With the lack of live sport and a voluntary quarantine taking place globally for what may be a number of weeks if not months, there are going to be a lot of bored folk looking for a distraction. Online and mobile bingo, casino and slots operators are likely to be some of the few beneficiaries, however with such a captive audience comes a not inconsiderable risk of problem gambling. More unexpectedly available time plus an inability to socialise or take part in other hobbies means some people may easily slip into risky behaviours.
Operators (and their customer facing teams working remotely) must be prepared to mitigate these increased risks, especially in a time when the gaming industry has a media-painted target on its chest. One thought – perhaps casino brands could collectively focus their marketing efforts on low stakes games so people who play for longer periods would lose less than if they played at their regular stakes?
A collective approach to customer protection and an avoidance of profiteering at all costs would be one small step the industry could take to win back the hearts and minds of the public, media and those vote hungry folk in Westminster.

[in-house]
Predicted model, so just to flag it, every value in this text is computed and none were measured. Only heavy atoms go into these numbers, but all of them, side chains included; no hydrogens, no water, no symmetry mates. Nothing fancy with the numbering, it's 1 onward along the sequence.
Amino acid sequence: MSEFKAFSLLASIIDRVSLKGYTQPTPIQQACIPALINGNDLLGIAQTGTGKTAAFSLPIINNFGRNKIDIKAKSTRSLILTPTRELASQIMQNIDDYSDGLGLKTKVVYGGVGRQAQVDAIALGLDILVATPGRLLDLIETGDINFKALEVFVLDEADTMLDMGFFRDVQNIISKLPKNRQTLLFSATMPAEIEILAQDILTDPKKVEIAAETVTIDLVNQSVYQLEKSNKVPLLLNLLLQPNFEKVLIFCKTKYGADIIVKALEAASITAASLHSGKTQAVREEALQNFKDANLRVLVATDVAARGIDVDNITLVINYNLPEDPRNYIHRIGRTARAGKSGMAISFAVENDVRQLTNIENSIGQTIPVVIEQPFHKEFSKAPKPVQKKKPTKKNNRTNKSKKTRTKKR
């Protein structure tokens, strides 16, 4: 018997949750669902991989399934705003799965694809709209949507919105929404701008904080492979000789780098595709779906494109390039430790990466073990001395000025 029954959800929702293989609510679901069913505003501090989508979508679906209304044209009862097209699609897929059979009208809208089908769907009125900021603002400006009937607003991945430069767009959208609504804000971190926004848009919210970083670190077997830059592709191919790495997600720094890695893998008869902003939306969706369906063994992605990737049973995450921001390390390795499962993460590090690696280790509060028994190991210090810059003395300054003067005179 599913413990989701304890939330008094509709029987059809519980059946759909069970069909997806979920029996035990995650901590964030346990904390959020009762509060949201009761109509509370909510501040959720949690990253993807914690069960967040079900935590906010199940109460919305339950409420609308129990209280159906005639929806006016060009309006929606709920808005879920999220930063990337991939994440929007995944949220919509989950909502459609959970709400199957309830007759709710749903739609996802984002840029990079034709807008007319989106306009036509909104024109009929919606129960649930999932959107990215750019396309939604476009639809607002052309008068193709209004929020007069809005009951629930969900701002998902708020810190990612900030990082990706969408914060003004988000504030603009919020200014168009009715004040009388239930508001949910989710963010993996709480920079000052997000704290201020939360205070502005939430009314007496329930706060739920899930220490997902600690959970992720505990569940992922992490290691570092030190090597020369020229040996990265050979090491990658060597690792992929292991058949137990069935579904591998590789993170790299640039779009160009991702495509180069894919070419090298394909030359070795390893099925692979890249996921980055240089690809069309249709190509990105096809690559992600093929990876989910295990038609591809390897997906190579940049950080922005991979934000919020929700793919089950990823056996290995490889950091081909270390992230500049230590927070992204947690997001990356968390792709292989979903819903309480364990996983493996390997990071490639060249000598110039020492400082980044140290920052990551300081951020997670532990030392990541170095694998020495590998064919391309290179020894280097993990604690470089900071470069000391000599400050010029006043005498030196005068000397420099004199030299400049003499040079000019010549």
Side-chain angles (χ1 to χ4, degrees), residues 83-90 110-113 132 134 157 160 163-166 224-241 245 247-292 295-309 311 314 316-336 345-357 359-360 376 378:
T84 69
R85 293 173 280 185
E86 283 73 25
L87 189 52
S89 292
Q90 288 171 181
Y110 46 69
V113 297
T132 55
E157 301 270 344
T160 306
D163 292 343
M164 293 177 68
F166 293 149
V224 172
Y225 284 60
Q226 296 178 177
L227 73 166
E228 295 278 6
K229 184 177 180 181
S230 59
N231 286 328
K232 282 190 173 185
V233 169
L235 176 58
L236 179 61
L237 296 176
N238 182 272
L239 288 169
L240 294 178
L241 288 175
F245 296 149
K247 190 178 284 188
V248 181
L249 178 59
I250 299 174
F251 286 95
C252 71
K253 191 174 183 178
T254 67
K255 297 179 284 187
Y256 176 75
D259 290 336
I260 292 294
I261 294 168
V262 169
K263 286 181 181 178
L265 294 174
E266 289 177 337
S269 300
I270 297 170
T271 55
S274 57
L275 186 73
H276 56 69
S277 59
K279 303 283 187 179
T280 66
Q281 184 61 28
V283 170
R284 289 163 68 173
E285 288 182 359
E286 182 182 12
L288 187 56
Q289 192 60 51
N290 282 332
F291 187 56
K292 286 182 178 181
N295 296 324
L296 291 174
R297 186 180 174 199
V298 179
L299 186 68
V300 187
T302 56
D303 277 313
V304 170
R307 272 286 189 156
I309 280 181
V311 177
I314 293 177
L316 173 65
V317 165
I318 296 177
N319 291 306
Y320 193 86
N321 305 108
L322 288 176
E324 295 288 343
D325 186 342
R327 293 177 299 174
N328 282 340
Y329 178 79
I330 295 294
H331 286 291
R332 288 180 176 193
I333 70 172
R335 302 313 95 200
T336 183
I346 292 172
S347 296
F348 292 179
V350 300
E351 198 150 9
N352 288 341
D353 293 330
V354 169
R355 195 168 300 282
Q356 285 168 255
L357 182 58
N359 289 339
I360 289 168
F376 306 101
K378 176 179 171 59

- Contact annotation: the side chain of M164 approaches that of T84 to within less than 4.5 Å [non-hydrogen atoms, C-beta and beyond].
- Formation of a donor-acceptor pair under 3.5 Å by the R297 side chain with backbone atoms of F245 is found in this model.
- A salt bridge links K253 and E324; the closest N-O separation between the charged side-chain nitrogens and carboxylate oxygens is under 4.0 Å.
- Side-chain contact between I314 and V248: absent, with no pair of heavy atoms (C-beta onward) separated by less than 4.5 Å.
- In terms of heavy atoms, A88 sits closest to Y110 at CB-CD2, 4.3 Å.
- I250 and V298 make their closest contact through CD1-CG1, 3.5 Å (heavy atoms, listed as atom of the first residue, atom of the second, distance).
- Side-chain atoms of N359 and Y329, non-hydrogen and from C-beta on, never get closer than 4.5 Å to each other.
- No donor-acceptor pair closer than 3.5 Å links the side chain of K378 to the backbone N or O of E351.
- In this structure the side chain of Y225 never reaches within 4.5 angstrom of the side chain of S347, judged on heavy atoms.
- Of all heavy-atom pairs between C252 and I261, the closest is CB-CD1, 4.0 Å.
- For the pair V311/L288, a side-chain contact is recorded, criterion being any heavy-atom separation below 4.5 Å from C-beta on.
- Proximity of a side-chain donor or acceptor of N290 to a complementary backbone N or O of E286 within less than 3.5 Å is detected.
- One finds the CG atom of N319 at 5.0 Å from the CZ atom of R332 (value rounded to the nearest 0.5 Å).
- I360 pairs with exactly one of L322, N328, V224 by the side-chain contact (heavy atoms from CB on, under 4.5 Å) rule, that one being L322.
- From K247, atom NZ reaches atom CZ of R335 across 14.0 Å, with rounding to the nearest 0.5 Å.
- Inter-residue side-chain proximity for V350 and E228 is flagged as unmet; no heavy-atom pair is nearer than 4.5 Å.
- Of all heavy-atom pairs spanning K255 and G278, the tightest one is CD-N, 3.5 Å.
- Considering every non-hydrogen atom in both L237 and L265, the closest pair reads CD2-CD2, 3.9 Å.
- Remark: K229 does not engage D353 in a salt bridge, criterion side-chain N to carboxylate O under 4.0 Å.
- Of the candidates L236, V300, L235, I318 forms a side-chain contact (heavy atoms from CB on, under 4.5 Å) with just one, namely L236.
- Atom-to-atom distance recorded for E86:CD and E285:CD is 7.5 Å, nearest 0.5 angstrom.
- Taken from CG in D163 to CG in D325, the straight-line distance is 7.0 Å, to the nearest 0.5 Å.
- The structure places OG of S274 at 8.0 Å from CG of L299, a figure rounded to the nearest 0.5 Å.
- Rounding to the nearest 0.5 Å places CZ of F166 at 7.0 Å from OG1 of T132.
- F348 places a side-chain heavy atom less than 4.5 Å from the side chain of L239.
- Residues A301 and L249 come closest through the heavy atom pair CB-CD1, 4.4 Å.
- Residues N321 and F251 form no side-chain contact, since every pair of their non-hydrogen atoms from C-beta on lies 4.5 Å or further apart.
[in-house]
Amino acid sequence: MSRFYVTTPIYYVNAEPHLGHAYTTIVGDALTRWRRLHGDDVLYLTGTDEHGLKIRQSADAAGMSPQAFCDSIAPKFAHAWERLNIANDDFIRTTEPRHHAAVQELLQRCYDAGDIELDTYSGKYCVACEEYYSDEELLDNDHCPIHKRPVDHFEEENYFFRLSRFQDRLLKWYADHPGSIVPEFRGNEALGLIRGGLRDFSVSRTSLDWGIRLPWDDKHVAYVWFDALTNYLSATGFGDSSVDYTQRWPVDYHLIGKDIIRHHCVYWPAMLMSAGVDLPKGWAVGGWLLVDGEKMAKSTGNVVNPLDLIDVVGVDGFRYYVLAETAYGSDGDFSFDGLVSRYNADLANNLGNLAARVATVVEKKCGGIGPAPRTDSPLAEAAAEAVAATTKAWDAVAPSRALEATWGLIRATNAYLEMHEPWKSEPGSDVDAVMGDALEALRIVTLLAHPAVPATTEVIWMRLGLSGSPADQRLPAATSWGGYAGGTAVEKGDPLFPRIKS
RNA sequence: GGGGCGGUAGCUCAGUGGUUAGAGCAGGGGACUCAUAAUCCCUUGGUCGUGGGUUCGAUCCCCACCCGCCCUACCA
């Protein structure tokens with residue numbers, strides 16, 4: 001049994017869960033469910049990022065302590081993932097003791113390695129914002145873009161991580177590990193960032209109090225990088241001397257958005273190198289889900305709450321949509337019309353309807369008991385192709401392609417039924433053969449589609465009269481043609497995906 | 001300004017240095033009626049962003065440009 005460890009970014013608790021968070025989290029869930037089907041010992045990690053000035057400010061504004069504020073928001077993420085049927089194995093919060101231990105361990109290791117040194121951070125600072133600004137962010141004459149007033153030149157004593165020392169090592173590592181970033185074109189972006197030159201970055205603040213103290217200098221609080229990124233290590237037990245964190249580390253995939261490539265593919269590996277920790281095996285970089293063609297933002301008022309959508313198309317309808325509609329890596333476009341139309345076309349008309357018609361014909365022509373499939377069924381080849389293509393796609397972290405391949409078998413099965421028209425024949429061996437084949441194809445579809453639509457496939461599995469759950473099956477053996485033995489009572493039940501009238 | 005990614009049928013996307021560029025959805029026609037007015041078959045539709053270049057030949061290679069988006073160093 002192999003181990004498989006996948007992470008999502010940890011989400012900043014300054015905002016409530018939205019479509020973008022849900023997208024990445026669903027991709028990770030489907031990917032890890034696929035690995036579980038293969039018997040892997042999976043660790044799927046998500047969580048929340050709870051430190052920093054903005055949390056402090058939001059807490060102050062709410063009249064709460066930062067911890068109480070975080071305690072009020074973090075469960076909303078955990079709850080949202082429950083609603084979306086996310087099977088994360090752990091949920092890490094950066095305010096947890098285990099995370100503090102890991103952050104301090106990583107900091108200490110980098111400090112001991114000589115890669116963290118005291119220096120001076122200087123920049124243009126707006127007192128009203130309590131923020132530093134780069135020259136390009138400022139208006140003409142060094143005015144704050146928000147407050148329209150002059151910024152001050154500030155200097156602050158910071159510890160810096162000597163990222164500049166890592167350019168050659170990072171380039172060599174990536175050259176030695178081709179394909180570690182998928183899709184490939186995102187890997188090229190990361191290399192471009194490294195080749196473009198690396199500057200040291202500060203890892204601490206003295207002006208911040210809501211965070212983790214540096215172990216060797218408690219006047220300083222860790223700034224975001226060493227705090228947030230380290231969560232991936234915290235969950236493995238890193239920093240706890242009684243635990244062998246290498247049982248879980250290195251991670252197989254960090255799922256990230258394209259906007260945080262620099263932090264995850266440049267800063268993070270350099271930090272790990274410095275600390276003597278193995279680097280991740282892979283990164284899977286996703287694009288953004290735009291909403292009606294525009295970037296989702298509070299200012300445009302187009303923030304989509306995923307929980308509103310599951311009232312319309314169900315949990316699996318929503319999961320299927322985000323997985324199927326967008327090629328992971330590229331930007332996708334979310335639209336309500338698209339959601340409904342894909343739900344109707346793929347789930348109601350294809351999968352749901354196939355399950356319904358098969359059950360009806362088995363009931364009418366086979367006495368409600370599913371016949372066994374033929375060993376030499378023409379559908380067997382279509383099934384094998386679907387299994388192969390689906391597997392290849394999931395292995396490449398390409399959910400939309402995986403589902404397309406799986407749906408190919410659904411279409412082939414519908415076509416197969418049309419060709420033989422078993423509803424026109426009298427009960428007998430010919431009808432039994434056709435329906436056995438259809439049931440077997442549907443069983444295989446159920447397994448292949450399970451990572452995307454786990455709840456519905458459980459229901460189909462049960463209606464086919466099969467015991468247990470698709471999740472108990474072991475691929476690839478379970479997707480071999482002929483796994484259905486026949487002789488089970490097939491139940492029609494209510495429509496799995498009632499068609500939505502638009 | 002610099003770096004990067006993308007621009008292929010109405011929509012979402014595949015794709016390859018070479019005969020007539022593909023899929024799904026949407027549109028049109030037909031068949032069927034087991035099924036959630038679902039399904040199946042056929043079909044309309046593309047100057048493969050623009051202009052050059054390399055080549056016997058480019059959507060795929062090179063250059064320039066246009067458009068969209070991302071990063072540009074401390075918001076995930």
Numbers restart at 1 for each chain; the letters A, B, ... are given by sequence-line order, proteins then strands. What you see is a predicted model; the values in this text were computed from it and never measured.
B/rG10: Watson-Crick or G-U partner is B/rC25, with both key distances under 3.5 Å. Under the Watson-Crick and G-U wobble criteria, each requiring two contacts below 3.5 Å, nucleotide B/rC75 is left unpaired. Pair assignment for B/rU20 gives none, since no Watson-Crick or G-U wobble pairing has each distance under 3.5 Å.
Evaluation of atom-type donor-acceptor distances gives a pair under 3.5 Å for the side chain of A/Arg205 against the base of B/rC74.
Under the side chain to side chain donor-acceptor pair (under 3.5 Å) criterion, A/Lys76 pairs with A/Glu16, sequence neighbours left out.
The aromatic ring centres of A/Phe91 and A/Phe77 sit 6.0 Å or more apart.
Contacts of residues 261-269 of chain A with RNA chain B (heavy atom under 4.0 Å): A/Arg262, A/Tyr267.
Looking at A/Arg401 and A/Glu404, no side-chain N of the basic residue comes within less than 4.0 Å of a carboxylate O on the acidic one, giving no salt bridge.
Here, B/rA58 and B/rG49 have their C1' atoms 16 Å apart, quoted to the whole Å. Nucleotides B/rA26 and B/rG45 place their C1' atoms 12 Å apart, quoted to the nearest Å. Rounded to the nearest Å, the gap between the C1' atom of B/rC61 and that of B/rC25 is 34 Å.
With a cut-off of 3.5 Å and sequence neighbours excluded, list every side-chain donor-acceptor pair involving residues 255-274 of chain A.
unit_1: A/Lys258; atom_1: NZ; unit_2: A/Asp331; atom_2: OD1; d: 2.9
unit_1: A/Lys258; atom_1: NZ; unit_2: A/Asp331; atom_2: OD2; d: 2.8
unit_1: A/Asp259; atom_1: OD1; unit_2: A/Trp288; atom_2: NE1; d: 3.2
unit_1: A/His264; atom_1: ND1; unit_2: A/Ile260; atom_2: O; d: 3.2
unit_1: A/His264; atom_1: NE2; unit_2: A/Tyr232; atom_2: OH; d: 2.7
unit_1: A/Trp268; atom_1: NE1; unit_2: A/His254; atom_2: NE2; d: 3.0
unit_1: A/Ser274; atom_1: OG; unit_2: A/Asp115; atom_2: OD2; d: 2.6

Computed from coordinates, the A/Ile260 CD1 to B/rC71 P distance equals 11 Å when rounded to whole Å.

Sadly, I can’t see this happening – greed still outweighs a ‘customer first’ mentality in gambling’s corridors of power.
Its unequivocal that between professional sports, betting and their supplementary industries we’re likely to see some heavy hits – even some casualties – over the coming months.
Once you filter through Fleet Street hyperbole, it’s possible that businesses are soon to discover the benefits of a fluid work force and flexible ‘work from home’ policies. Additionally, business services companies should be able to capitalise on the rapid and essential shift in working conditions and communications requirements. As I suggested to a number of video conferencing brands via the people’s megaphone that is Twitter, offering a massively reduced or free rate to acquire a significant global ‘Working from Home’ customer base wouldn’t be a bad idea right about now…
As in any time of crisis, those businesses that bury their heads are likely to come unstuck whilst those that swing with the punches, innovate and make the best of a bad situation will come out on top.
Harry is the founder of Brand Architects, a strategic brand and integrated marketing consultancy.
You can contact him at Harry@BrandArchitects.co.uk or via LinkedIn & Twitter @MrHarryLang.